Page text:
Suki Waterhouse Is Finally In Charge
She’s in the driver’s seat on her debut album, I Can’t Let Go.
Suki Waterhouse is booked and busy. On a Friday morning in mid-March, she rushes to the phone and kindly prefaces our conversation by admitting she’s in the middle of something else: filming her upcoming Amazon Prime series, Daisy Jones & The Six, in New Orleans. Yes, it’s the series adaptation of that beloved book by Taylor Jenkins Reid.
“It’s a bit mad,” Waterhouse tells Elite Daily, somewhat out of breath. “I’ve got to get in a van to work in like half an hour.” Although Waterhouse is about to be transported into the 1970s as Daisy Jones’ rock keyboardist Karen, for the next 25 minutes on the phone with me, she’s enmeshed in 2022’s indie-rock scene.
Waterhouse released her debut single, "Brutally," in 2016. Six years later, she’ll release her debut album, I Can't Let Go, next Friday, on May 6. The full-length project is an opportunity for Waterhouse to publicly reintroduce herself, this time — and perhaps for the first time — on her terms.
To some, Waterhouse’s dating life has often eclipsed her multi-hyphenate career. She’s been linked to widely famous men: Bradley Cooper (whom she dated from 2013 to 2015) and Robert Pattinson (whom she’s reportedly been dating since 2018). With I Can’t Let Go, Waterhouse may ironically be asking the public to let go of their perception of her as just a cover girl or famous girlfriend. She’s a singer, songwriter, and actor — and damn good at all three.
To perfect her haunting alt-rock sensibility, Waterhouse collaborated with hit indie producer Brad Cook, who has worked with Snail Mail, Bon Iver, and Sharon Van Etten. I Can’t Let Go shimmers with Waterhouse’s lyrical poignance. Her music is gritty and cinematic, and it’s finding its audience. Five of the album’s 10 songs, which were released as singles, have collectively garnered nearly 3 million Spotify streams in the last seven months. This summer, she’ll tour North America with Father John Misty.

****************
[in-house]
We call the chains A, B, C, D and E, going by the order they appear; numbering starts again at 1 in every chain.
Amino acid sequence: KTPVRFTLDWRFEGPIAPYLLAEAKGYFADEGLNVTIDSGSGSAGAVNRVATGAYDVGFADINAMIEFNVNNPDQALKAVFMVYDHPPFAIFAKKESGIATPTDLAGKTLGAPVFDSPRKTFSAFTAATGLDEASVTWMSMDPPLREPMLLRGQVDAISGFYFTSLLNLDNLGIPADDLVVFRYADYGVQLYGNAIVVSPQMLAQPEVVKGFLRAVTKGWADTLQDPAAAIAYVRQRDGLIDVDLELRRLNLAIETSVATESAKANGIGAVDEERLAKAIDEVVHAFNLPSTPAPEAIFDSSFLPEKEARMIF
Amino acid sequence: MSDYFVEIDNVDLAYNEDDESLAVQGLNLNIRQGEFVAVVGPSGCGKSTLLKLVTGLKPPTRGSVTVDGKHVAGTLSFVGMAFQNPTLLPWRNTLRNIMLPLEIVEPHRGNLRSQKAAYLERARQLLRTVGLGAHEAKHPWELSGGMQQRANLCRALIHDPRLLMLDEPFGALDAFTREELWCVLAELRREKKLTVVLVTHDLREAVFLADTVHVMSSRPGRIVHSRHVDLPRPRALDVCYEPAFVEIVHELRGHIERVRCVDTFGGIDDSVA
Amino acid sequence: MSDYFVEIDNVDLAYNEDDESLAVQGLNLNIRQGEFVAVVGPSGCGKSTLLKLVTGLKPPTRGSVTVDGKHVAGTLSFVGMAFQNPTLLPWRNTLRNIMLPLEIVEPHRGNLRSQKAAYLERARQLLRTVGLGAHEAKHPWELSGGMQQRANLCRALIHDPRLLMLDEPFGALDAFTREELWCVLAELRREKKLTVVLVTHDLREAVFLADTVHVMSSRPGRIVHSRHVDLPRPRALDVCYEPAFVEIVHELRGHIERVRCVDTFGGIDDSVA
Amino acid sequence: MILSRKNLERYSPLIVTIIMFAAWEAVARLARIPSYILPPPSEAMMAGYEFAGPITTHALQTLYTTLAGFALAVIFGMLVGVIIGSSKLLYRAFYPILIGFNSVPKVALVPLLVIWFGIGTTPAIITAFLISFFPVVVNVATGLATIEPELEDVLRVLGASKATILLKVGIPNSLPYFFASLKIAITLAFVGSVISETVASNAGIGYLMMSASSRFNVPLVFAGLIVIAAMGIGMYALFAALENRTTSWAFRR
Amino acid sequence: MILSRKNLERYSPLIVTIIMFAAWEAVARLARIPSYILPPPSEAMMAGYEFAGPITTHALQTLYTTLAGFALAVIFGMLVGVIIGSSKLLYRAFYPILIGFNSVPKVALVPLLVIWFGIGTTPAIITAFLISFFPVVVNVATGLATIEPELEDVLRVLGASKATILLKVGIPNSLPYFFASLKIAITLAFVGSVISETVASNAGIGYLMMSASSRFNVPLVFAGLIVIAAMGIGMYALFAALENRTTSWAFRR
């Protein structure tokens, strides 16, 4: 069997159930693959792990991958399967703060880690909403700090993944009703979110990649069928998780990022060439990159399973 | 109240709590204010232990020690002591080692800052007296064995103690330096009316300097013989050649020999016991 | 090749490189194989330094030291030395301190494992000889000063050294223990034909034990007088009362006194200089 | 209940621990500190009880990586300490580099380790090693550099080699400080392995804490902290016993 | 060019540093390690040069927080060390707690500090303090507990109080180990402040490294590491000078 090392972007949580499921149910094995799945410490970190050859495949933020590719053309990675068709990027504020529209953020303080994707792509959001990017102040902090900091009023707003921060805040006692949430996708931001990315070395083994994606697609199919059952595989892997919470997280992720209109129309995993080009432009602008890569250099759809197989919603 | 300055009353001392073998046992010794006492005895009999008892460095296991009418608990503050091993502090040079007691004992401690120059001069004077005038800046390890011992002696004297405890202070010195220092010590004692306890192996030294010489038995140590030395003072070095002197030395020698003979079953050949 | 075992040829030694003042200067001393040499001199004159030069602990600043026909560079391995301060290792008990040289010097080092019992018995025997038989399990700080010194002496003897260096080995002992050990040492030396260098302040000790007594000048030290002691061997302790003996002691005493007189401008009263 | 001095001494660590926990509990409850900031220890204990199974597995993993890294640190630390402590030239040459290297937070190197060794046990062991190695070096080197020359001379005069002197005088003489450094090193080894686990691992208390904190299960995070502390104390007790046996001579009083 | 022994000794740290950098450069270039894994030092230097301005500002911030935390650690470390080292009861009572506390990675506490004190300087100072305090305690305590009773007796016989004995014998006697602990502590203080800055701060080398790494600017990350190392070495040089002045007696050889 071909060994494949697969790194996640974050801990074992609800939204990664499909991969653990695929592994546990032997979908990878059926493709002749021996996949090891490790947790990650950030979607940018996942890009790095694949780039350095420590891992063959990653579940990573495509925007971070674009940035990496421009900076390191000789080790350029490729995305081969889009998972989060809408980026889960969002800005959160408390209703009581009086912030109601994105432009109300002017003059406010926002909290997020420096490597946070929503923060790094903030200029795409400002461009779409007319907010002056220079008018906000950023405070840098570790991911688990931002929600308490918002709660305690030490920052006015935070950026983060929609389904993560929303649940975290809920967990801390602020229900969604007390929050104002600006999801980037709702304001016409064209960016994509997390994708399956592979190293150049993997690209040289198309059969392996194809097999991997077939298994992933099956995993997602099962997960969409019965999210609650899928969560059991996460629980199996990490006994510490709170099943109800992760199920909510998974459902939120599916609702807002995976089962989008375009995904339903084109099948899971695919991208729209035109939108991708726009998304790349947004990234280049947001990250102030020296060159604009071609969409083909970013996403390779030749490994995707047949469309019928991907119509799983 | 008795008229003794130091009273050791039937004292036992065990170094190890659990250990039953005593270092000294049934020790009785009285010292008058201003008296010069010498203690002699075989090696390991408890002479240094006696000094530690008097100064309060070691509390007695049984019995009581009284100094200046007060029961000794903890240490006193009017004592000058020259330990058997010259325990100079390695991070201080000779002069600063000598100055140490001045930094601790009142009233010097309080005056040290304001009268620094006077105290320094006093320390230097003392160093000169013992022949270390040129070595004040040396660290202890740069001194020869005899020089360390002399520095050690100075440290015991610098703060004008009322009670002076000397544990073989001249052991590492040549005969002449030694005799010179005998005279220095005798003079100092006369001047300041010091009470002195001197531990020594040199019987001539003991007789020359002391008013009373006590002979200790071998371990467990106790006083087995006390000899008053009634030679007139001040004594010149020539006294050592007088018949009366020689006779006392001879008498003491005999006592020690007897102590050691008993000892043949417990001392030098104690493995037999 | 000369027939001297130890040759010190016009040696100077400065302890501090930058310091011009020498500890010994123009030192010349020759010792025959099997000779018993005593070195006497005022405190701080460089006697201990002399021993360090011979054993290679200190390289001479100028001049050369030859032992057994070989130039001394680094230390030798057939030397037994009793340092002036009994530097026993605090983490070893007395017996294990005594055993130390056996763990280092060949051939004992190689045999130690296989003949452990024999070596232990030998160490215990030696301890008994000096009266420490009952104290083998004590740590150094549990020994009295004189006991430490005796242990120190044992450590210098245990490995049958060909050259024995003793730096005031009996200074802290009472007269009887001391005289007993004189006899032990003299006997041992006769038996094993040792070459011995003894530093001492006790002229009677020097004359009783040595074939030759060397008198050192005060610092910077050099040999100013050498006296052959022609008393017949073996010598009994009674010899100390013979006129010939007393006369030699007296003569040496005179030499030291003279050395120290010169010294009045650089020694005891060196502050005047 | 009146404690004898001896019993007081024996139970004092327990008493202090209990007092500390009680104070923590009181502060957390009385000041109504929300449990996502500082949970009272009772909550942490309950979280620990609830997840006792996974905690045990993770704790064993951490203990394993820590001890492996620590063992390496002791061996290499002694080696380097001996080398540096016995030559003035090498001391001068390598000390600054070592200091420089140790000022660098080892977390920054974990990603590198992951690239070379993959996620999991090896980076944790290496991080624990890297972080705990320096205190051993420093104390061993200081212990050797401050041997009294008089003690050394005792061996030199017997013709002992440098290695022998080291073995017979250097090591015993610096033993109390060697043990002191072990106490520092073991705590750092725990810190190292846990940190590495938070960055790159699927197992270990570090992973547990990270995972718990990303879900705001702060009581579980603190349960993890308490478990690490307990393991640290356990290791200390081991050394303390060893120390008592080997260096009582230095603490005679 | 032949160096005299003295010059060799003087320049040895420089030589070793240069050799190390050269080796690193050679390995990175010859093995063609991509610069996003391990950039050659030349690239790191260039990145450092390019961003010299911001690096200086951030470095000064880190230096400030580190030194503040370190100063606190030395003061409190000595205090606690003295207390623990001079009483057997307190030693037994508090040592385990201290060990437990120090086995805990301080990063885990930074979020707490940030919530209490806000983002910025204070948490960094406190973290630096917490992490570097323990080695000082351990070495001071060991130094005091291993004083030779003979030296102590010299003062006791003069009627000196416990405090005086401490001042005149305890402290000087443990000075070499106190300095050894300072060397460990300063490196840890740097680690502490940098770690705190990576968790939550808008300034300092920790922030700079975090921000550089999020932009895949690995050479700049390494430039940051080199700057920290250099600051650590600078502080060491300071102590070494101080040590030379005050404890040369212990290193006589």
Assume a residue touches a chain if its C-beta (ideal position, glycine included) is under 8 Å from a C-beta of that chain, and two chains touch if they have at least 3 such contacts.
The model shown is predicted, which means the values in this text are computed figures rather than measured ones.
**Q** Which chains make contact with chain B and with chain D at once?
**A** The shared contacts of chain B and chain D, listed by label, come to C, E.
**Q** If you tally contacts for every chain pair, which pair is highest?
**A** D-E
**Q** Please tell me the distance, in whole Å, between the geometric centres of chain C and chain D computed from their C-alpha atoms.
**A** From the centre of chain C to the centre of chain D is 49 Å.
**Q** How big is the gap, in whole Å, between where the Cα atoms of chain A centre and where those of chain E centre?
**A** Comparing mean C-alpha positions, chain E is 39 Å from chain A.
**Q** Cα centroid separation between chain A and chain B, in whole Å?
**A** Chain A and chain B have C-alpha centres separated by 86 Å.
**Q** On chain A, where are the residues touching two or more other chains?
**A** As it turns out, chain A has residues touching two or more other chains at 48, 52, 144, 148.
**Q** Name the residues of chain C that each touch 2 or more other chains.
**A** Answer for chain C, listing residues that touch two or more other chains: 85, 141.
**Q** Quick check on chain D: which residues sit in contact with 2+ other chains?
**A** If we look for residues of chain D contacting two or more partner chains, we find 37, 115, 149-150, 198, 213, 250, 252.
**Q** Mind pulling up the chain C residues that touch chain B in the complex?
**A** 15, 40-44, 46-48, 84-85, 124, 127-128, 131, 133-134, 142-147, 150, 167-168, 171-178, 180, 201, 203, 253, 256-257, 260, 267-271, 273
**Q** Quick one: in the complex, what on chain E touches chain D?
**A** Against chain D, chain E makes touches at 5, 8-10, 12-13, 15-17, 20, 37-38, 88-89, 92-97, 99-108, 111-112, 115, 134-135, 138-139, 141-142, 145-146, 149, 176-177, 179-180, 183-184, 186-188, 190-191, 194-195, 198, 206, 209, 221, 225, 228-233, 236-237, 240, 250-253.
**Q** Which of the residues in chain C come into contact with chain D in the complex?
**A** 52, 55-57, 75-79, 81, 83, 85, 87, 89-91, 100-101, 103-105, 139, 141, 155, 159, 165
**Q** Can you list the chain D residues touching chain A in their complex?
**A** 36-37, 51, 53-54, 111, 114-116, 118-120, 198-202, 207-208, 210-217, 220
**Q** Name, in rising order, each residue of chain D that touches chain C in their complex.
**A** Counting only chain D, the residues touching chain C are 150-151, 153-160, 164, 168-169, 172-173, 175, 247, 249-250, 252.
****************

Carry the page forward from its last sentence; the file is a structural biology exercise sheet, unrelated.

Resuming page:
Waterhouse’s croon and identifiable storytelling, as evidenced on the standout tracks “Melrose Meltdown” and “Moves,” are her signatures on the album. I Can’t Let Go is the ideal soundtrack for embracing all the feels, which Waterhouse knows plenty about. “When you’re sharing something that's very important and exposes you and makes you vulnerable, I think that's the most exciting part,” she says of releasing an album.
Waterhouse has spent years in the limelight dealing with unwanted exposure. In the Gossip Girl reboot, mean girl Luna tells newcomer Zoya, “He’s R-Patz, and you’re Suki nobody.” In January 2022, she also made headlines after posting a now-deleted TikTok that seemingly teased Cooper while promoting her song “Melrose Meltdown.” (The track was playing in the background of the TikTok, Page Six reported.) The internet has been a “huge source of pain,” Waterhouse says, a feeling she sings about on the LP’s sixth track, “Bullsh*t on the Internet.” But she finds a way to put that discomfort aside, and still logs on. “I live for the tea,” she says. “I don't think I'll ever be able to not be sensitive to it, but I can also laugh at it. I don’t know if I’m the kind of girl that wants to go and live in the mountains.”